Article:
Customize your JAMA Network experience by selecting one or more topics from the list below.
In Reply We thank Shanbhag et al for commenting on our study. In short, they question whether, based on our article describing the learning curve for 18 novel DMEK surgeons,1 the procedure would be a better alternative to DSEK and PK. The main concerns expressed are that the study does not contain reliable data on best-corrected visual acuity, the decrease in endothelial cell density would be higher than in earlier techniques, and about one-fifth of eyes required a secondary intervention. Furthermore, according to long-term studies PK would still be preferable over endothelial keratoplasty, and unless technique improvements are reached, DMEK may not hold potential to become a preferred method for treatment of endothelial disorders.2
From their comment it is our understanding that they compared learning curve results of DMEK with large PK and DSEK study groups described by experienced surgeons. However, to get more accurate information on all of these techniques, it would seem mandatory to compare either learning curve results with each other or large study groups by established centers (instead of short-term learning curve outcomes with long-term results of experienced surgeons). Expanding on this, the cited publications in Ophthalmology read different to us: recently introduced techniques for lamellar keratoplasty showed better outcomes than PK in single-center studies,2-4 but these results would not (yet) be reached by nationwide evaluations. In other words, DMEK as a technique may have been shown to surpass DSEK and PK, but the results on a larger-scale implementation lag behind.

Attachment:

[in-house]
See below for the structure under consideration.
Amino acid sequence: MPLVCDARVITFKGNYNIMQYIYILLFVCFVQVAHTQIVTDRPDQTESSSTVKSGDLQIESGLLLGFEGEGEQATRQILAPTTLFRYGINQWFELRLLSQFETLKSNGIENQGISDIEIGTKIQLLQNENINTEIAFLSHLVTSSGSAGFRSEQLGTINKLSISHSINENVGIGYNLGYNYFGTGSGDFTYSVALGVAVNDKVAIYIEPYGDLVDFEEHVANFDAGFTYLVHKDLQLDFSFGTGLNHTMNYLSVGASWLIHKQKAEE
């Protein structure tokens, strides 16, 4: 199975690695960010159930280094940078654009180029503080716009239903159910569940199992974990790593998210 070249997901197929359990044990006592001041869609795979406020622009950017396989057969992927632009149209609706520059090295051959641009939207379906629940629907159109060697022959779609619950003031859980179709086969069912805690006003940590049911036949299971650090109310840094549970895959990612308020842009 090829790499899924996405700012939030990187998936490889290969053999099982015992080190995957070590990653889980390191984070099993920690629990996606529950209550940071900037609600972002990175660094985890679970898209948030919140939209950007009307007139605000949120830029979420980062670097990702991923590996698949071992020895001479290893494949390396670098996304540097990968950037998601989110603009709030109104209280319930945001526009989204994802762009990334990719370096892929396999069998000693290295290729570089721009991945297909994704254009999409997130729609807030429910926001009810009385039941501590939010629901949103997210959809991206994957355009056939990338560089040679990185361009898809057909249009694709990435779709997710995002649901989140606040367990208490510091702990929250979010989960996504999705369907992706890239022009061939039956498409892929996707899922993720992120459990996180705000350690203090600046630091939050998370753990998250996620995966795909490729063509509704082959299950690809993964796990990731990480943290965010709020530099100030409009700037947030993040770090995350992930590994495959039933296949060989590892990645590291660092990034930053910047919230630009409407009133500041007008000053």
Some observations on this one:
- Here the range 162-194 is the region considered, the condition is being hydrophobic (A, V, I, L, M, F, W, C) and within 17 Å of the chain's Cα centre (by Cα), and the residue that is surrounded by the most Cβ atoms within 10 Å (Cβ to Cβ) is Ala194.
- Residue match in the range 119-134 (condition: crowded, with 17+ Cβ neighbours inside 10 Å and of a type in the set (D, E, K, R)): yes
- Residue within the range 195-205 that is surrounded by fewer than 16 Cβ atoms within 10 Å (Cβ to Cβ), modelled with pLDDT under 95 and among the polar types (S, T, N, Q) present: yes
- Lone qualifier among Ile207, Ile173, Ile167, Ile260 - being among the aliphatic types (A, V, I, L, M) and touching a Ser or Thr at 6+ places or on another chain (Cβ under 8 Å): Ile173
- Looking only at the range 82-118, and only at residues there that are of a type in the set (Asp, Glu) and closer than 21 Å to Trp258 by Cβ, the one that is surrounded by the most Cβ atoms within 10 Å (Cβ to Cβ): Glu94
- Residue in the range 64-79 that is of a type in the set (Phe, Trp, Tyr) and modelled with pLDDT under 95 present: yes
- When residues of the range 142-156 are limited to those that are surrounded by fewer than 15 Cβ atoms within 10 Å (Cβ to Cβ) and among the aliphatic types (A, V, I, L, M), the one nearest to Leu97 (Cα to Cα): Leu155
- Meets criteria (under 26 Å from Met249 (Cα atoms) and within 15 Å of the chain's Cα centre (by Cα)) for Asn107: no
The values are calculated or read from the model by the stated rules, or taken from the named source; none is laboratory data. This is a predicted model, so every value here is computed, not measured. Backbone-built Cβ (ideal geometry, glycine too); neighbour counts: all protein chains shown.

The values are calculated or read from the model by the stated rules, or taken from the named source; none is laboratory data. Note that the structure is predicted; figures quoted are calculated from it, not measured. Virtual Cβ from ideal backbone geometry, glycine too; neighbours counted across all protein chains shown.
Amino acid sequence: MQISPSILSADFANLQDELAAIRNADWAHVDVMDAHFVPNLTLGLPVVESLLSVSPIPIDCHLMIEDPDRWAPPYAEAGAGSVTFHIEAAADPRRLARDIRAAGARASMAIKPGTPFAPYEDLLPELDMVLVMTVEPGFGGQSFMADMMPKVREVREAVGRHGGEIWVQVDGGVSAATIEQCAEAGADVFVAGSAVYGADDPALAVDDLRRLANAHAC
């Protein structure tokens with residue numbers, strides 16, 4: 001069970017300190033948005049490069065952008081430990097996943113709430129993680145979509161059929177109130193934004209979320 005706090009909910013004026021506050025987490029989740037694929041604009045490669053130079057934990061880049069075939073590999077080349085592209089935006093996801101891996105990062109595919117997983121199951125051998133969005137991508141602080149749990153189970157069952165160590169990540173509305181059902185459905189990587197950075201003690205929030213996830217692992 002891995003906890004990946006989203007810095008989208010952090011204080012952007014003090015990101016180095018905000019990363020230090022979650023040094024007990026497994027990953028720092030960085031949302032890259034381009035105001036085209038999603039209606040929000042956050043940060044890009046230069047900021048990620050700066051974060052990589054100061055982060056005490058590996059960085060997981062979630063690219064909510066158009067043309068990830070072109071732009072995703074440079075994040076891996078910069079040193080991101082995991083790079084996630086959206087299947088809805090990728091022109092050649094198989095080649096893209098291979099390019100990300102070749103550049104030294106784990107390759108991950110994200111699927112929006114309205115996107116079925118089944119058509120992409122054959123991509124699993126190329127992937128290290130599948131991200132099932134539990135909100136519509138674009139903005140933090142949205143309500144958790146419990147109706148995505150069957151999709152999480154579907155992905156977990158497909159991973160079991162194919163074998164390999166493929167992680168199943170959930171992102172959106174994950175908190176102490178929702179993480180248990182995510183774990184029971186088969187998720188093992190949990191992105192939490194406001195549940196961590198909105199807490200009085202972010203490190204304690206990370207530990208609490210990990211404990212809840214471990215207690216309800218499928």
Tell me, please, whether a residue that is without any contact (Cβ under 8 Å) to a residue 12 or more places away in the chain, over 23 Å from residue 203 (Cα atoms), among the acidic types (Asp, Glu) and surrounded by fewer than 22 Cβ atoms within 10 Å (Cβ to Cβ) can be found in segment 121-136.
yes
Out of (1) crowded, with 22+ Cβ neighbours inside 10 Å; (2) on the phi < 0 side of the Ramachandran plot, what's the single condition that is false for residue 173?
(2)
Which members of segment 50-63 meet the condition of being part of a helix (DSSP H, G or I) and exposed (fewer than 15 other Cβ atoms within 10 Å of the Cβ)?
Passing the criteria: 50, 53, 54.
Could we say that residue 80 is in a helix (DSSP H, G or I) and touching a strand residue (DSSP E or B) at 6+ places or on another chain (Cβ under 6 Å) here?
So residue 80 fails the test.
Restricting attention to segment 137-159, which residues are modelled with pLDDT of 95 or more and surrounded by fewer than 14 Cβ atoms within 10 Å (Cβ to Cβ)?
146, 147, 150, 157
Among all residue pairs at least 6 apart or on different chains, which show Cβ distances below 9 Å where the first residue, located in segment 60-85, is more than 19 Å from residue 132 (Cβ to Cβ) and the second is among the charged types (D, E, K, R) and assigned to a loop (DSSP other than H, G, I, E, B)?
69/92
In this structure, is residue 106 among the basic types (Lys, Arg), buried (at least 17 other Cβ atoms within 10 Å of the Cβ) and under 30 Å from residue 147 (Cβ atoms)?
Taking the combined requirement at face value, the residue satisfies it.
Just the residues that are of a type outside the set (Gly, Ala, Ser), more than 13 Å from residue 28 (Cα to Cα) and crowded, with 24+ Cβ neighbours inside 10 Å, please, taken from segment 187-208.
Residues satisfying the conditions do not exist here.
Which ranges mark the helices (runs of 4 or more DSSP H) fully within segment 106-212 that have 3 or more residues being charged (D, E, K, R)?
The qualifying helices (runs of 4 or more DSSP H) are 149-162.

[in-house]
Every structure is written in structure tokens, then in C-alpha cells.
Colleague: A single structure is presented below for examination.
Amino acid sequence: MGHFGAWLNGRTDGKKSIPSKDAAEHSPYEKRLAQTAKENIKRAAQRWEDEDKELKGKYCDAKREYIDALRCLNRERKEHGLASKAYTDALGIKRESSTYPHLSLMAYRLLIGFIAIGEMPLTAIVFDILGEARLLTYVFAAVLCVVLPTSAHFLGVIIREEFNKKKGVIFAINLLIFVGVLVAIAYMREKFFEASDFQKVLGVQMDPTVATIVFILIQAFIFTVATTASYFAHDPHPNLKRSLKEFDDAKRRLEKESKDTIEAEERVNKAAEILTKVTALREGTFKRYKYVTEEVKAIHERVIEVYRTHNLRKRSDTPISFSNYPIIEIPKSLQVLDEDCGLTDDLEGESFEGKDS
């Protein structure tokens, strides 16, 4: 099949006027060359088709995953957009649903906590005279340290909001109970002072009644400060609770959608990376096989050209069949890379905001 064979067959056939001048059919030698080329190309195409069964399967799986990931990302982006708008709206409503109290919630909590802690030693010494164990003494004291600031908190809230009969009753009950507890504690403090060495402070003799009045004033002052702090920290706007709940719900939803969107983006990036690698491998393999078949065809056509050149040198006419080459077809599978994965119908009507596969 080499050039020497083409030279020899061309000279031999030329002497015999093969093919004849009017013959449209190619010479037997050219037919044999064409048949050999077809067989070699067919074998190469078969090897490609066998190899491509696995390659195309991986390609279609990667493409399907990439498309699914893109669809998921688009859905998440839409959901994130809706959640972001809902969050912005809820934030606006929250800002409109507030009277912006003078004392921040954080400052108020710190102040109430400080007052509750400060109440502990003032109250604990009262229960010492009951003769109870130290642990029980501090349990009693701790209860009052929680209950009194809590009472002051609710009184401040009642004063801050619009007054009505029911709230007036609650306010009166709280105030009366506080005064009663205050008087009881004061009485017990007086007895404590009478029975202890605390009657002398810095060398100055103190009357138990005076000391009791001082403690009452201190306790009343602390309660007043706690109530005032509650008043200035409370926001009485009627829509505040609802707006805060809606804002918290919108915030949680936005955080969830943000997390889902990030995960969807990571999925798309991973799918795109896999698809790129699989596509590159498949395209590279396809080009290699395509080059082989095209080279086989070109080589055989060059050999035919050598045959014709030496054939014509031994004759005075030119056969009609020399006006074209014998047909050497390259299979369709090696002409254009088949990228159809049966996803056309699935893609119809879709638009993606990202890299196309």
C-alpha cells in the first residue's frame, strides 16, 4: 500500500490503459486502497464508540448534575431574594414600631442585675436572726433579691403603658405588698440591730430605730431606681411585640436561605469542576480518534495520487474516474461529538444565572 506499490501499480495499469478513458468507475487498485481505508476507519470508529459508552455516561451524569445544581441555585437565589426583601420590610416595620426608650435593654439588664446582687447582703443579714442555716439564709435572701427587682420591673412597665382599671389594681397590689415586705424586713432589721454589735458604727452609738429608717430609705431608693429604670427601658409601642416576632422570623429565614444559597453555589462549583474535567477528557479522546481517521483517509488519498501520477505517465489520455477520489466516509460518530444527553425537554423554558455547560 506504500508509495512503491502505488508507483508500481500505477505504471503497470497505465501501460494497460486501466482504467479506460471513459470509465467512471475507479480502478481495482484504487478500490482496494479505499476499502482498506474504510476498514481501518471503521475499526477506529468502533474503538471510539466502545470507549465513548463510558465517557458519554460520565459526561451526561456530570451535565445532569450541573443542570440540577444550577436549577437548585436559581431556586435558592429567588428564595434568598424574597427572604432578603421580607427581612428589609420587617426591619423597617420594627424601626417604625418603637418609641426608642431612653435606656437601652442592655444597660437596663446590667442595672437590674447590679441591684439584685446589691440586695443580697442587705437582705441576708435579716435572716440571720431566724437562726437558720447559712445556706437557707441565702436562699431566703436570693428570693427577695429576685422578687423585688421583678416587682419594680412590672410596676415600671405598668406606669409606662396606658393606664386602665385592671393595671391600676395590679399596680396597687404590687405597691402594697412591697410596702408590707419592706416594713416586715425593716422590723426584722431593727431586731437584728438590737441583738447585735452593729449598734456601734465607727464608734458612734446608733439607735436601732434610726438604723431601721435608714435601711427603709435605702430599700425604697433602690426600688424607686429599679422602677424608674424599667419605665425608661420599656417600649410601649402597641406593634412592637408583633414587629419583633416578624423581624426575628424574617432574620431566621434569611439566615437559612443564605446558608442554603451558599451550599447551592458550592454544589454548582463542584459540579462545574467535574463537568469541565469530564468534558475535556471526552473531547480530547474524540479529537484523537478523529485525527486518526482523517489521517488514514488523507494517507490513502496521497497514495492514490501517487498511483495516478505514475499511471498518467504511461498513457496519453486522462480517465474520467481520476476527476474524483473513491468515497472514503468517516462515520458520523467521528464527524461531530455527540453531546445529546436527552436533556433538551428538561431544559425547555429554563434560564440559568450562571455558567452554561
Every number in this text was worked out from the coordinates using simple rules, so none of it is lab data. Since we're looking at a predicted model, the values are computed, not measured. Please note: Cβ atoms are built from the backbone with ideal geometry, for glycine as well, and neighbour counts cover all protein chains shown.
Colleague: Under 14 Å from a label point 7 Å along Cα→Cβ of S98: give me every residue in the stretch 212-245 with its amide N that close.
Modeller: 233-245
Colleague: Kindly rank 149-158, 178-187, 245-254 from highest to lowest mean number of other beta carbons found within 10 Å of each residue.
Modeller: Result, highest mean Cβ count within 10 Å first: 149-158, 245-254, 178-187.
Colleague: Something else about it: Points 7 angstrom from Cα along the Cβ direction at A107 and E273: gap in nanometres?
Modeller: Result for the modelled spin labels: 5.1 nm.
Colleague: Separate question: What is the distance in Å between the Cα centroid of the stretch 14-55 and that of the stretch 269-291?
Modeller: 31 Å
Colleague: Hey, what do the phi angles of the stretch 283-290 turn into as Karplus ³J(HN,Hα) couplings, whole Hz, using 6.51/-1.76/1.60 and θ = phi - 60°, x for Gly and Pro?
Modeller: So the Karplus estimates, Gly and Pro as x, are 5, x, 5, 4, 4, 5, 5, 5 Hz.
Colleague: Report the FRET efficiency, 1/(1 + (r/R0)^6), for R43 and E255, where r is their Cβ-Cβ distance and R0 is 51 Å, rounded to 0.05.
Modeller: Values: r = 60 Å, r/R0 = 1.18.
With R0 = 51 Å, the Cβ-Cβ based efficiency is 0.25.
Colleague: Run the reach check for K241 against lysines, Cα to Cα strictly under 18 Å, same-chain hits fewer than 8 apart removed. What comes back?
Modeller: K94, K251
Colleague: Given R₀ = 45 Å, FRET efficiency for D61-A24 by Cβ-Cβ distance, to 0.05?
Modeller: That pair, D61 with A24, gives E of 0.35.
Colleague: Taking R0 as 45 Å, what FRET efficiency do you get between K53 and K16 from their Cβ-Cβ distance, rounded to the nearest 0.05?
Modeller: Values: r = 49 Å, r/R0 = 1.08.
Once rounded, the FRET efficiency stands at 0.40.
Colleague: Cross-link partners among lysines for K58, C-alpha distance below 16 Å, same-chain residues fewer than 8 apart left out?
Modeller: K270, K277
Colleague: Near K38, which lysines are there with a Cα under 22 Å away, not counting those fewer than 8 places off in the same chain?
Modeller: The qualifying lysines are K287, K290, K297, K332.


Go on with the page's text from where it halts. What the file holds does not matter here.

We have learned from techniques previously designed by us, like deep lamellar endothelial keratoplasty and DSEK, that starting with a new technique may be more challenging than one would anticipate. Therefore, we have tried to standardize as much as possible the surgical technique for DMEK as well as its technique for donor tissue preparation, into what we now refer to as “standardized no-touch DMEK.”5,6 Still, surgeons in various countries will be facing challenges as a result of different clinical settings, such as surgical facilities, donor tissue availability, or support of an eye bank or lack thereof. In an attempt to better identify these problems, we performed our retrospective study that may aid corneal surgeons in starting with DMEK, while it allowed us to fine-tune our educational program. So to answer the question in the title of whether “to do or not to do” DMEK, since additional training in the various techniques may be obtained through instructional courses at international meetings, wetlab courses, textbooks on DMEK, or live-surgery video-streaming sessions, we encourage all our colleagues to consider DMEK for the management of corneal endothelial disorders.
Corresponding Author: Gerrit R. J. Melles, MD, PhD, Netherlands Institute for Innovative Ocular Surgery (NIIOS), Laan op Zuid 88, 3071 AA Rotterdam, the Netherlands (firstname.lastname@example.org).
Published Online: April 2, 2015. doi:10.1001/jamaophthalmol.2015.0486.
Conflict of Interest Disclosures: All authors have completed and submitted the ICMJE Form for Disclosure of Potential Conflicts of Interest. Dr Melles is a consultant for DORC International/Dutch Ophthalmic USA and SurgiCube International. No other disclosures were reported.
Monnereau C, Dapena I, Melles GRJ. Descemet Membrane Endothelial Keratoplasty—Reply. JAMA Ophthalmol. 2015;133(6):725. doi:10.1001/jamaophthalmol.2015.0486
Coronavirus Resource Center
Create a personal account or sign in to: